In his blog article, Pollefeys says researchers can now use raw sensor data with their own algorithms and the streams can be processed on the device as they are now but also streamed to another computer or wirelessly transferred to Azure, that smart cloud Kipman was talking about.
Back in Boston, Kipman talked about the future for devices like HoloLens and Kinect and other devices creating an intelligent edge. He says AR and AI are inevitable and they are intertwined. He described real life as a “analog substrate” and digital content like AR and AI are being built on top of it, to enrich our lives.
He sees the roll out of HoloLens being a gradual use dependent on its value to the user, and that value does not exist right now for consumers. He says devices like the HoloLens will evolve along a price to value ratio and they’ll be used more as they become more comfortable and the battery lives longer. For the users right now he says, if a device enables someone to do something they have not been able to do before, then they’ll use it and they’ll become habituated to using it. Right now, those people are likely to be front line workers. He also mentioned actual use cases such as a surgeon being able to project a patient’s MRI on top of a patient’s body in preparation for an operation. Or an automotive designer can replace the clay model with an AR version of a possible design.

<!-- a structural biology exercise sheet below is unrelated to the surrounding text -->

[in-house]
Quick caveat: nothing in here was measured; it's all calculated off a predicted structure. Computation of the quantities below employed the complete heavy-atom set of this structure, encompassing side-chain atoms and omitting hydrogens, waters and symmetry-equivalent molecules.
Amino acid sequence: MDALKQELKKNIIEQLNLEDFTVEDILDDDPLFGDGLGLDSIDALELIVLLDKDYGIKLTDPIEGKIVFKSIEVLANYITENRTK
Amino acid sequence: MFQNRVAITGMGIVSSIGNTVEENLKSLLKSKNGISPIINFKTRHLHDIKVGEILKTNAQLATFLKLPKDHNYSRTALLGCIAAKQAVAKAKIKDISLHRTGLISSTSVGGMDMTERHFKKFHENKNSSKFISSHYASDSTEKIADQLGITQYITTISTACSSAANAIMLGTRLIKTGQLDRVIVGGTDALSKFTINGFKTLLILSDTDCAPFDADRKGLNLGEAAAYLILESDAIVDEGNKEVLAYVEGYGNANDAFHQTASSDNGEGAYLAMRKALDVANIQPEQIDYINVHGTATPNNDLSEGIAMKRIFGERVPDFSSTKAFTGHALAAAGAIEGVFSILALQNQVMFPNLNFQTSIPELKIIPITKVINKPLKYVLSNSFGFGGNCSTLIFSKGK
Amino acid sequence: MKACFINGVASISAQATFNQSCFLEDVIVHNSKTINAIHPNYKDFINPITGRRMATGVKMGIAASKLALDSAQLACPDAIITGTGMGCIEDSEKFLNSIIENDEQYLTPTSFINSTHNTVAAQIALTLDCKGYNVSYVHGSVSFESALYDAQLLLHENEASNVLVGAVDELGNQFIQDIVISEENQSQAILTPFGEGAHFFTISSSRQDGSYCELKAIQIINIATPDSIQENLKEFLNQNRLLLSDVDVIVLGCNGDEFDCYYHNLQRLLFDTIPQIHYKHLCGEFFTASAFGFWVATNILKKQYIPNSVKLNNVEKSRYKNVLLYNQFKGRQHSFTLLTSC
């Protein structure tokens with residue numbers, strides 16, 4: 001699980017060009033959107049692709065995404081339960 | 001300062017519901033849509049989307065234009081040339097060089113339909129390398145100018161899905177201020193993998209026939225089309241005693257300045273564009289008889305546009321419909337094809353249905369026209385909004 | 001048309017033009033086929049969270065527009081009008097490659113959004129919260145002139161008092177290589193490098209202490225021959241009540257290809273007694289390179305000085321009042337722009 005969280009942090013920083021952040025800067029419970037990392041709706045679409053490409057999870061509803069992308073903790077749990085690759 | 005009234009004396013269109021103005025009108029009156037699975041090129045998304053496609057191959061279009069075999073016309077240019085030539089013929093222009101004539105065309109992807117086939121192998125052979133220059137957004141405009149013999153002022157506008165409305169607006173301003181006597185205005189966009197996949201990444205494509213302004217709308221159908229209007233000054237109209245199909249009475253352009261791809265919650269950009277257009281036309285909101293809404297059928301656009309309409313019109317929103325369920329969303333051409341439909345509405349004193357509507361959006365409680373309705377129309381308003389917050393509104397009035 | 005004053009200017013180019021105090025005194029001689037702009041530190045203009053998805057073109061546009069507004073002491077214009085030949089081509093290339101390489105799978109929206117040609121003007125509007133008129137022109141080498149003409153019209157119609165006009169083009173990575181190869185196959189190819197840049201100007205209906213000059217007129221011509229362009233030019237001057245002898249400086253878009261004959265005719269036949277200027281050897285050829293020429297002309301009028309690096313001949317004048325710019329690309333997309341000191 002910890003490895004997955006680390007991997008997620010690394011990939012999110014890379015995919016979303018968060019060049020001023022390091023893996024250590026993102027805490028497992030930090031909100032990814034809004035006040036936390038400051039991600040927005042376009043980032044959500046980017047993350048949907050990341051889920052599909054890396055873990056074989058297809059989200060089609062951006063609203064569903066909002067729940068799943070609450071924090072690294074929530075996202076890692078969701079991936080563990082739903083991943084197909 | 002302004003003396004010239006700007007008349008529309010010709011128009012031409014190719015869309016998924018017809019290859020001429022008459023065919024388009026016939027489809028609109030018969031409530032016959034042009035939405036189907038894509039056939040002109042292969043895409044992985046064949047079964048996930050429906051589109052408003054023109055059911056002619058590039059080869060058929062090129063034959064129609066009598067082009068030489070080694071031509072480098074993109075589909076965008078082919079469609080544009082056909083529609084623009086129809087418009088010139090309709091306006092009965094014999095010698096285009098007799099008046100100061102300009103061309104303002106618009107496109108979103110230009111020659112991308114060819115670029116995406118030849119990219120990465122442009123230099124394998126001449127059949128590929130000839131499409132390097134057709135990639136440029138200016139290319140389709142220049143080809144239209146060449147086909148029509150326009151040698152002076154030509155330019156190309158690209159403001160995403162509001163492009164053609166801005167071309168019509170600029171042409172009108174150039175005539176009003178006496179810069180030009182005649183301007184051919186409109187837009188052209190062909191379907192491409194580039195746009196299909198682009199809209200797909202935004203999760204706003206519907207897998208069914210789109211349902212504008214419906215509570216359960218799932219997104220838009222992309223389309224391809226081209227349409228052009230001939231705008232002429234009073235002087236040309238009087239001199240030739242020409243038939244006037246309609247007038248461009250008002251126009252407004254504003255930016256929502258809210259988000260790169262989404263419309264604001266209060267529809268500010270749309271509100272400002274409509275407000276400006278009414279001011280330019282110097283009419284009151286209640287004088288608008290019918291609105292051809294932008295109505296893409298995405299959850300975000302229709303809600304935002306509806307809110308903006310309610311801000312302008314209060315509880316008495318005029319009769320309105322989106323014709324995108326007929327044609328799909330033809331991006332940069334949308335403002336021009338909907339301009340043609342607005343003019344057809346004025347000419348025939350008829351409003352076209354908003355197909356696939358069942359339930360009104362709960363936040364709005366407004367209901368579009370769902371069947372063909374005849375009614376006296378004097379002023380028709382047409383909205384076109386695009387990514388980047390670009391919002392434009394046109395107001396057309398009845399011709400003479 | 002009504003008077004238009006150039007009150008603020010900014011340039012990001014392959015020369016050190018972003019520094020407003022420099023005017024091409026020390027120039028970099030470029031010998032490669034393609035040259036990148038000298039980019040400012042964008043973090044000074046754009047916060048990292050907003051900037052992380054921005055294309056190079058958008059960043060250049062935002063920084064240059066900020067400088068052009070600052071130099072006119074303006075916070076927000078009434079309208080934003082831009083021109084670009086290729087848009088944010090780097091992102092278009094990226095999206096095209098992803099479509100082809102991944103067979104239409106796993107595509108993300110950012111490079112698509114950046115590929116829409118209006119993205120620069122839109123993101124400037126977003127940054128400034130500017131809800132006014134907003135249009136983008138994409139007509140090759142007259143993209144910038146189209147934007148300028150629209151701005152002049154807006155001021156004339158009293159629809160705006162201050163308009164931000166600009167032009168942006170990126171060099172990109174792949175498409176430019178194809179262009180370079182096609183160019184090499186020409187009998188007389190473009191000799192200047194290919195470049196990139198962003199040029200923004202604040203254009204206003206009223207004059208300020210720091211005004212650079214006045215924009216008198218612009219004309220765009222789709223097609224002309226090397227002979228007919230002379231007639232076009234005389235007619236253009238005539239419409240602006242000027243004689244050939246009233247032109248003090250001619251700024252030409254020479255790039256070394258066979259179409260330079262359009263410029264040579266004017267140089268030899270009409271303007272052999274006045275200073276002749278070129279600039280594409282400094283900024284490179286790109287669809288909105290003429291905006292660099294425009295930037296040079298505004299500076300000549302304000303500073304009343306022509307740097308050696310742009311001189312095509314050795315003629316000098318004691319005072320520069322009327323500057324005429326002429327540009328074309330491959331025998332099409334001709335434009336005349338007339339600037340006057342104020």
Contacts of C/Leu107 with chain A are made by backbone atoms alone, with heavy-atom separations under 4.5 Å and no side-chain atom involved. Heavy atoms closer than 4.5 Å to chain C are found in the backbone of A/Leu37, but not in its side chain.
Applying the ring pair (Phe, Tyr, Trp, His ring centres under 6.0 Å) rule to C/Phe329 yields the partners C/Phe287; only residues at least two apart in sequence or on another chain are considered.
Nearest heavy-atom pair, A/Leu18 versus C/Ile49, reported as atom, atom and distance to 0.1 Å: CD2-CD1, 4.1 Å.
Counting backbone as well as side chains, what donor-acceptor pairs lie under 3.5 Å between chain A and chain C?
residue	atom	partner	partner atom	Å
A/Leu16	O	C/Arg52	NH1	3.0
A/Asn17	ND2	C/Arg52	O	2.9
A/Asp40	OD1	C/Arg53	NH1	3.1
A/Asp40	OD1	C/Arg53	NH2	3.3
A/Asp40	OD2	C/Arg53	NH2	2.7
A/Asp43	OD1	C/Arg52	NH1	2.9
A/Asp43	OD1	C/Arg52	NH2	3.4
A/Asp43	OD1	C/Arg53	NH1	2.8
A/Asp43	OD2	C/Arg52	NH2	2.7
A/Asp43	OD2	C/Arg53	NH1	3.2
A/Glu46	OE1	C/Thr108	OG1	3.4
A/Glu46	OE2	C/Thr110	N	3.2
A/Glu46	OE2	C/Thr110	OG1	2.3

So, what’s next? Kipman says these are lonely experiences and, he predicts presence is the next big thing. The next step will be the ability to have shared experiences and to be able to collaborate on projects. One of the aspects of HoloLens that’s already there, said Kipman, is that when you’re looking at something and you share that vision, perhaps you annotate it, the other person also knows the context of your view. They can tell what your location was when you were looking, what the angle is. That’s a new level of information and perspective that has not been available in looking at shared models.